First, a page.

And at Hurricane Point and Bixby Bridge:
8:22 AM 3 [18] A27-022 22 1097 THE AREA [10-97 arrived at scene]

And a friend in town stated that at noon, there was an 8-mile backup of cars on Highway One.

And this was Garapatta yesterday. (Photo by Martha Diehl)




Reminder regarding Overuse and Loving Big Sur to death

Yesterday, I went down the hill. I saw vehicles and campers everywhere, off-road, cutting through fences and installed barriers to get where they wanted to go. And when I came home, most of them were gone, leaving large amounts of tp and trash behind. image

I just want to take this opportunity to remind all that I have created two separate pages, where I am collecting photographs Loving Big Sur to death and data and suggestions on the Overuse of Big Sur Page. I add to both of these several times a week, usually. Some of you are checking these regularly, others seem to have forgotten. The discussion continues and gains momentum on social media sites.  Per readers, these links do not work (and I cannot figure out why – they work for me!) but don’t despair – these same links are up above in the “Info” post and to the right under pages. Those DO work!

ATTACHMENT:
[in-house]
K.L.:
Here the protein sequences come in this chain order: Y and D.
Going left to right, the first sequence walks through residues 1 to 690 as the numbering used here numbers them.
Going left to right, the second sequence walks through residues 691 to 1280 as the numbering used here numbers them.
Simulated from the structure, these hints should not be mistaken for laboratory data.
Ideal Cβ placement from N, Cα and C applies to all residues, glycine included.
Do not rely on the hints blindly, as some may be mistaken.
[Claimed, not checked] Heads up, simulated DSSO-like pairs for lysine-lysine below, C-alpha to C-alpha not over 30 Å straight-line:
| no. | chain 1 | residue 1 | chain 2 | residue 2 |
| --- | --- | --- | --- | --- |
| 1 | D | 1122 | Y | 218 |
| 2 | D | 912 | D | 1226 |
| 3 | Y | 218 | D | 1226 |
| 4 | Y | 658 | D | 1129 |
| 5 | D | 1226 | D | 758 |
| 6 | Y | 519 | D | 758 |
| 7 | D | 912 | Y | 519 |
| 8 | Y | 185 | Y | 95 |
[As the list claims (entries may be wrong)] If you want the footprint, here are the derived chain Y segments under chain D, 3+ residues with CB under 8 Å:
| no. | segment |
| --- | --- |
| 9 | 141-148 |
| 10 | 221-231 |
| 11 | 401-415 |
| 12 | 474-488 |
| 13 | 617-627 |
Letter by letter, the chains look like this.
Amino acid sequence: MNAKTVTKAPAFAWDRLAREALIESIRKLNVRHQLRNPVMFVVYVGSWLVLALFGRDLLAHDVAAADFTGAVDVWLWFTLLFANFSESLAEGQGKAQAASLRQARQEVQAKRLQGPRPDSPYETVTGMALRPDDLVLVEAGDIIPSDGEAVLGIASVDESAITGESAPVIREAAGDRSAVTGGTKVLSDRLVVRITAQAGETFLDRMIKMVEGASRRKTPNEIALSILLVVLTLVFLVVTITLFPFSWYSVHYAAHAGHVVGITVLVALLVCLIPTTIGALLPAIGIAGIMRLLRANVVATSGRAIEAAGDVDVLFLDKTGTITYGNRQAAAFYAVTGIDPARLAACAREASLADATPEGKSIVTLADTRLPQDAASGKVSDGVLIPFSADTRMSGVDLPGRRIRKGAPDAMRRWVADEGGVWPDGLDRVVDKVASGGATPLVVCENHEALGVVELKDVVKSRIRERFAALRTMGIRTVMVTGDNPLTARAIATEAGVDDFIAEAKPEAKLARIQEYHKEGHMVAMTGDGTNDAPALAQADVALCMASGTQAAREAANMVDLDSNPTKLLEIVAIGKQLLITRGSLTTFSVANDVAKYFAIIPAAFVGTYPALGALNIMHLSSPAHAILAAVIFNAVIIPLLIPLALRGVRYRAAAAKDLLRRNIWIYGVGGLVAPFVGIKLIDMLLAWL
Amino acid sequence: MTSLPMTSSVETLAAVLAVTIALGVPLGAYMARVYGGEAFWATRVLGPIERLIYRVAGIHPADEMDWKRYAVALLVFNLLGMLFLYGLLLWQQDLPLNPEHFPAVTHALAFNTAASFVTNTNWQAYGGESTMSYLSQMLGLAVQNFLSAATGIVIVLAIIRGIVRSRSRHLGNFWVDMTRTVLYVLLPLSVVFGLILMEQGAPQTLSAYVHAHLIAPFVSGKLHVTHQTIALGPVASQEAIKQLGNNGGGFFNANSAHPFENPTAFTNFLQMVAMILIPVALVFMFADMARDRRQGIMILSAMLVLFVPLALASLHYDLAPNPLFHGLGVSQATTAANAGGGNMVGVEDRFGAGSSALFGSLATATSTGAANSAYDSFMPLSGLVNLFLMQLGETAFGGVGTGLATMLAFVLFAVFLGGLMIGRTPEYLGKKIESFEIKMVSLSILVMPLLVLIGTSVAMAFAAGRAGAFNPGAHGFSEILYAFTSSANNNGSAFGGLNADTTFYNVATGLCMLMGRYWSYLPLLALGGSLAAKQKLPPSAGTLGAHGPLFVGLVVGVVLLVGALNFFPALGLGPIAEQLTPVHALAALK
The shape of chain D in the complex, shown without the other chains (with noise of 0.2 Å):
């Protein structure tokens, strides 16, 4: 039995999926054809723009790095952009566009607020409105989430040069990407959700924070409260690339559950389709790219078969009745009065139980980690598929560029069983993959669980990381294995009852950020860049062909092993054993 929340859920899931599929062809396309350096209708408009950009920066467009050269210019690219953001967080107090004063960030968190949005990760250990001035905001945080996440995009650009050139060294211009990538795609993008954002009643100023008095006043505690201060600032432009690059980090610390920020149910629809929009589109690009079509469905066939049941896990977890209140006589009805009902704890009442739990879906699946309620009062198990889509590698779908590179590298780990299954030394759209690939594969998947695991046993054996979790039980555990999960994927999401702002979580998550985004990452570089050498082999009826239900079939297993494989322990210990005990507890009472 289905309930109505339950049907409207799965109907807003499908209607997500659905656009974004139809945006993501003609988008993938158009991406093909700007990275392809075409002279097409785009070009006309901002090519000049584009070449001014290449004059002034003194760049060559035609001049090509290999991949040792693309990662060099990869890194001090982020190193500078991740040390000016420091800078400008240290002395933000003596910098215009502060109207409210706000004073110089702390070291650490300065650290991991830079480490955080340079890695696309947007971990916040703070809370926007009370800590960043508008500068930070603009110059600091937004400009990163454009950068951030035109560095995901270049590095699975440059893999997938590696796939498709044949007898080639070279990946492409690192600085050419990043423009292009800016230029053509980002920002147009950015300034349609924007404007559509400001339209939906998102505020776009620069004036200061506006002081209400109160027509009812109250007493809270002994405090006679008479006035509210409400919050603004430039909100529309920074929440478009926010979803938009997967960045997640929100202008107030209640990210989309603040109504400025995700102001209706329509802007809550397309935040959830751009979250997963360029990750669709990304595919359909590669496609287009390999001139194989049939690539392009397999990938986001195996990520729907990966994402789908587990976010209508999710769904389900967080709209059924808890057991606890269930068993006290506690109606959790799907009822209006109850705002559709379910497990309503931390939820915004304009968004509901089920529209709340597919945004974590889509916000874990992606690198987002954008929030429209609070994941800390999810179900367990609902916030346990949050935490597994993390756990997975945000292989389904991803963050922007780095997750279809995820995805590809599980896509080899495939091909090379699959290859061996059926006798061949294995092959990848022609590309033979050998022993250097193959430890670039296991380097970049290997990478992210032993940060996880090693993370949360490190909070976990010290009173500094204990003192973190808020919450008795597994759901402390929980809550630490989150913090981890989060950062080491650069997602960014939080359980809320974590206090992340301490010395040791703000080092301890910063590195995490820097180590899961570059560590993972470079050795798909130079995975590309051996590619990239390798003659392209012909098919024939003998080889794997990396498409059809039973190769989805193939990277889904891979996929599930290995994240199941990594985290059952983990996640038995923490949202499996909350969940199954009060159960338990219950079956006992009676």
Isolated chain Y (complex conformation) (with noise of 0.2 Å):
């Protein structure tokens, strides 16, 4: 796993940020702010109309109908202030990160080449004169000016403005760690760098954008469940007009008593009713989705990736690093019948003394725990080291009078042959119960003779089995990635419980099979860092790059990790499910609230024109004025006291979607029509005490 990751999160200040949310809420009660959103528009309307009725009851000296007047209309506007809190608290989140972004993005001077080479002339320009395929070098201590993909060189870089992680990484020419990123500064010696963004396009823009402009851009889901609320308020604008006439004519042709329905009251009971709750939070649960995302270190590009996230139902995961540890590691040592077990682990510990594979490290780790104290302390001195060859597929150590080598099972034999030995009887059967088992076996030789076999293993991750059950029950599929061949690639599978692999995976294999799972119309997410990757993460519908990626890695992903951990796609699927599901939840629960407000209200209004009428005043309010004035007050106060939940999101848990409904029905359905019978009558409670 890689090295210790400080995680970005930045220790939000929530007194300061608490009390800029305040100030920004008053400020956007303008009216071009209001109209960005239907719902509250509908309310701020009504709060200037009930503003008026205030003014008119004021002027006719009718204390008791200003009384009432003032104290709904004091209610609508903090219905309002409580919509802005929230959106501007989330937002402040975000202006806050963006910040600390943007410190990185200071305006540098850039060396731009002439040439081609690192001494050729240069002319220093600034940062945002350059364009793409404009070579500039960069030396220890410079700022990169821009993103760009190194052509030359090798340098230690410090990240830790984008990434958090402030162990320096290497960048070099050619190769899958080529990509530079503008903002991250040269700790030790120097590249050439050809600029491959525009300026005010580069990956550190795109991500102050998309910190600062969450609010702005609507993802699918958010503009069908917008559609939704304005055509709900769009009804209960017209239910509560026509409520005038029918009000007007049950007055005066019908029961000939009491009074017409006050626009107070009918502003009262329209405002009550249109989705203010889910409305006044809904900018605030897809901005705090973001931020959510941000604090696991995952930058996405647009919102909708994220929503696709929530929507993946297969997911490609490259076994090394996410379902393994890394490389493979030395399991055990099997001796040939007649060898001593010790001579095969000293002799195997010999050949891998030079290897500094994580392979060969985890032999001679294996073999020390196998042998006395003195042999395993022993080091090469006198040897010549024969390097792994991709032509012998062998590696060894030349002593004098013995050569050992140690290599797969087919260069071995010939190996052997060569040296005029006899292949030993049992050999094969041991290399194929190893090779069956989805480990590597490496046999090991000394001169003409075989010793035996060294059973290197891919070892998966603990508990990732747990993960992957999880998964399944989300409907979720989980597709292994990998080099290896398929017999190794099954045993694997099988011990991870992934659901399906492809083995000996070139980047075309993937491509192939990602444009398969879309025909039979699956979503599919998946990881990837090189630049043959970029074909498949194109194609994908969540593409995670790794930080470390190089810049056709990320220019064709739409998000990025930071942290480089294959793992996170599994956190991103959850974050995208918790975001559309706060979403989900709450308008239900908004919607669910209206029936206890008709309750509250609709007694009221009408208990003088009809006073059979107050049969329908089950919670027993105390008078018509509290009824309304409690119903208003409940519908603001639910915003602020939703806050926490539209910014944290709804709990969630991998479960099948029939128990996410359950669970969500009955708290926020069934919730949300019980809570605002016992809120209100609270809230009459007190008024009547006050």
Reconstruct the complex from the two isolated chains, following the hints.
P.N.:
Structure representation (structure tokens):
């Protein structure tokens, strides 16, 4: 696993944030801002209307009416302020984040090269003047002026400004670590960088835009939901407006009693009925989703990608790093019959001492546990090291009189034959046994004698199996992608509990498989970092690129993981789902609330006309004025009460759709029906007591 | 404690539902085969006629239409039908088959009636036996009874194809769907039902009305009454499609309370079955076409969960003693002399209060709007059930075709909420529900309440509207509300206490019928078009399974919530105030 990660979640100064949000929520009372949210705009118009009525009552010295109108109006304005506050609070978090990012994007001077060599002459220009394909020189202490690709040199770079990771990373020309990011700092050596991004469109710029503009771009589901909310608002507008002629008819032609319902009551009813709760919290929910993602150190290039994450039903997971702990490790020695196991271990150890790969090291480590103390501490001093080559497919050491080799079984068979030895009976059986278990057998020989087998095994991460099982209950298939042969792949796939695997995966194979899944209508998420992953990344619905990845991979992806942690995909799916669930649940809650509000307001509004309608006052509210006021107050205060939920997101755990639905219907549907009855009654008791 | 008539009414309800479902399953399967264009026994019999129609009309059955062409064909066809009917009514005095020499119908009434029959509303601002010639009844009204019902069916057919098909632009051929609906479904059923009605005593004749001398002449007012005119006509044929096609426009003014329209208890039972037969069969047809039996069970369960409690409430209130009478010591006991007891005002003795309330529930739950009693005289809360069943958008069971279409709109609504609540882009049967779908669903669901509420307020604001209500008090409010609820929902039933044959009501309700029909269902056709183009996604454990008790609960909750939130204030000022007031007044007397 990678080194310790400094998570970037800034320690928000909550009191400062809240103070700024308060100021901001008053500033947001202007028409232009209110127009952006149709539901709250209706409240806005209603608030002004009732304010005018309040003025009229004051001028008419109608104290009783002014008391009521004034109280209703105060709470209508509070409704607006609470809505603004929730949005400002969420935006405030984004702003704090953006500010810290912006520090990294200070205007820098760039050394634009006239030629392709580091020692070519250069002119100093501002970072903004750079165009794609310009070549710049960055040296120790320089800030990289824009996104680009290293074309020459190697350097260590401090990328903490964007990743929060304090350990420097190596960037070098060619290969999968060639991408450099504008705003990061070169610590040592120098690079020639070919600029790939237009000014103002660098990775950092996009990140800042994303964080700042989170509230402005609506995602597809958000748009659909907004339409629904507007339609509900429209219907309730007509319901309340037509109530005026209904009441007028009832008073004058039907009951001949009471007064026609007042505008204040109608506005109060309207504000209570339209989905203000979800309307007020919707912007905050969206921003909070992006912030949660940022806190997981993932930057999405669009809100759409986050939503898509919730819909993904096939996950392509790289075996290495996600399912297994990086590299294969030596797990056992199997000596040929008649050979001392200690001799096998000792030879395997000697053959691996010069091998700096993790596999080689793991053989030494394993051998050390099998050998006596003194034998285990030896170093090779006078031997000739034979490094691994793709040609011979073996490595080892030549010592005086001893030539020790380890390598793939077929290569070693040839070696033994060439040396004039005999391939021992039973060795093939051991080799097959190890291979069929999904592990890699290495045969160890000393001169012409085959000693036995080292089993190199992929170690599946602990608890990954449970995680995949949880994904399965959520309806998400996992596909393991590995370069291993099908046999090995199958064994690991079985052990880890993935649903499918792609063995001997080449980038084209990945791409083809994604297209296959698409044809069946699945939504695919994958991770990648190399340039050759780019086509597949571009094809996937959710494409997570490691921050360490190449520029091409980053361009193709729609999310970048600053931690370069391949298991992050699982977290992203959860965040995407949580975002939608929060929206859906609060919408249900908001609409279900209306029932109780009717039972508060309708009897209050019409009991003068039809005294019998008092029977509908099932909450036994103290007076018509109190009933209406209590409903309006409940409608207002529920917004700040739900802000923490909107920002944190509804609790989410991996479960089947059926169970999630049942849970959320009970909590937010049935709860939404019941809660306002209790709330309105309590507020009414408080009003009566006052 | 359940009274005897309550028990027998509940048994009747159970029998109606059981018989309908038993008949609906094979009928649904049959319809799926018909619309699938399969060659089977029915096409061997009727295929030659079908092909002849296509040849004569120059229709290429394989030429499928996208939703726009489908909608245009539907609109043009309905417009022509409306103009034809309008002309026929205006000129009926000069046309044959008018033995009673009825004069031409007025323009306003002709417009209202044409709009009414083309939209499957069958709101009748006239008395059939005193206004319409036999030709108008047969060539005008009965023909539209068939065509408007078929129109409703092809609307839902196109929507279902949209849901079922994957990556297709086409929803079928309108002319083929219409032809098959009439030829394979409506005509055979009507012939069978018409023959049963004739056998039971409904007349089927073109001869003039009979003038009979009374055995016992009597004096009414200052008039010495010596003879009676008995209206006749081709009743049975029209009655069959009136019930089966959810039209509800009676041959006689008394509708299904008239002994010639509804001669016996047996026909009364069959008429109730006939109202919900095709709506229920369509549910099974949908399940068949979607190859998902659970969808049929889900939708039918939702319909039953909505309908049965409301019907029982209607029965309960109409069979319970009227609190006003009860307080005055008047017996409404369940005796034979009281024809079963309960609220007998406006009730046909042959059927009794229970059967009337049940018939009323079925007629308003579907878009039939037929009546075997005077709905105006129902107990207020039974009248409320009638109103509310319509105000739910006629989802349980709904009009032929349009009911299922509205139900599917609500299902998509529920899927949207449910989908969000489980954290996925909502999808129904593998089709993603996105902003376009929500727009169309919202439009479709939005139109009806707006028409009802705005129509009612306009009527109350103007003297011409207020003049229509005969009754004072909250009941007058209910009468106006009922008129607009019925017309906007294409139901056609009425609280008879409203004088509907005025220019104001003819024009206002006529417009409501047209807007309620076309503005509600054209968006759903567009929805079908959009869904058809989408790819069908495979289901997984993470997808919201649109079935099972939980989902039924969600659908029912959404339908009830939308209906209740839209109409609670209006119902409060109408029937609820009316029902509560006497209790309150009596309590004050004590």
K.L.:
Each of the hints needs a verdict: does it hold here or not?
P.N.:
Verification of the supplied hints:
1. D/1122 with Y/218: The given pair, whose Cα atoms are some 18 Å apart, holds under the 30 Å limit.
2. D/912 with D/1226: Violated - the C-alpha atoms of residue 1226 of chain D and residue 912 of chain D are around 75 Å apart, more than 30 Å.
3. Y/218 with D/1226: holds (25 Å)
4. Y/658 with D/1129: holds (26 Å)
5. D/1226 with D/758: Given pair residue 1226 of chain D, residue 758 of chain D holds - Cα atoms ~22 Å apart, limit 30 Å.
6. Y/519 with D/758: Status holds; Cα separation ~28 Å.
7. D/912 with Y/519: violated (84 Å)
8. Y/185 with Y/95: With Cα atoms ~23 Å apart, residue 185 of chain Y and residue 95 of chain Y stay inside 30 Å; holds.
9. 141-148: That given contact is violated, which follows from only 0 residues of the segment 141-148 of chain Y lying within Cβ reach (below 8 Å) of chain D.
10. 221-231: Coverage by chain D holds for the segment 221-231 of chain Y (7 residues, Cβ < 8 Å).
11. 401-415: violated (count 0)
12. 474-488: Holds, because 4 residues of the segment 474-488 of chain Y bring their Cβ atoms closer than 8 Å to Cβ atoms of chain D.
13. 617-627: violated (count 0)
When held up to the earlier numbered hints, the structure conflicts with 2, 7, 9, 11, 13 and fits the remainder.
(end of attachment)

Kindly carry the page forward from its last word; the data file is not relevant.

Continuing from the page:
CV RD Traffic Nightmare

Many people reported travel times of over an hour this morning. This is the update from Dave Potter’s Office:

“Carmel Valley Road construction traffic update:
We apologize for the extreme wait times today, we have heard reports of 30-60 minutes. We are advising taking alternate routes if possible.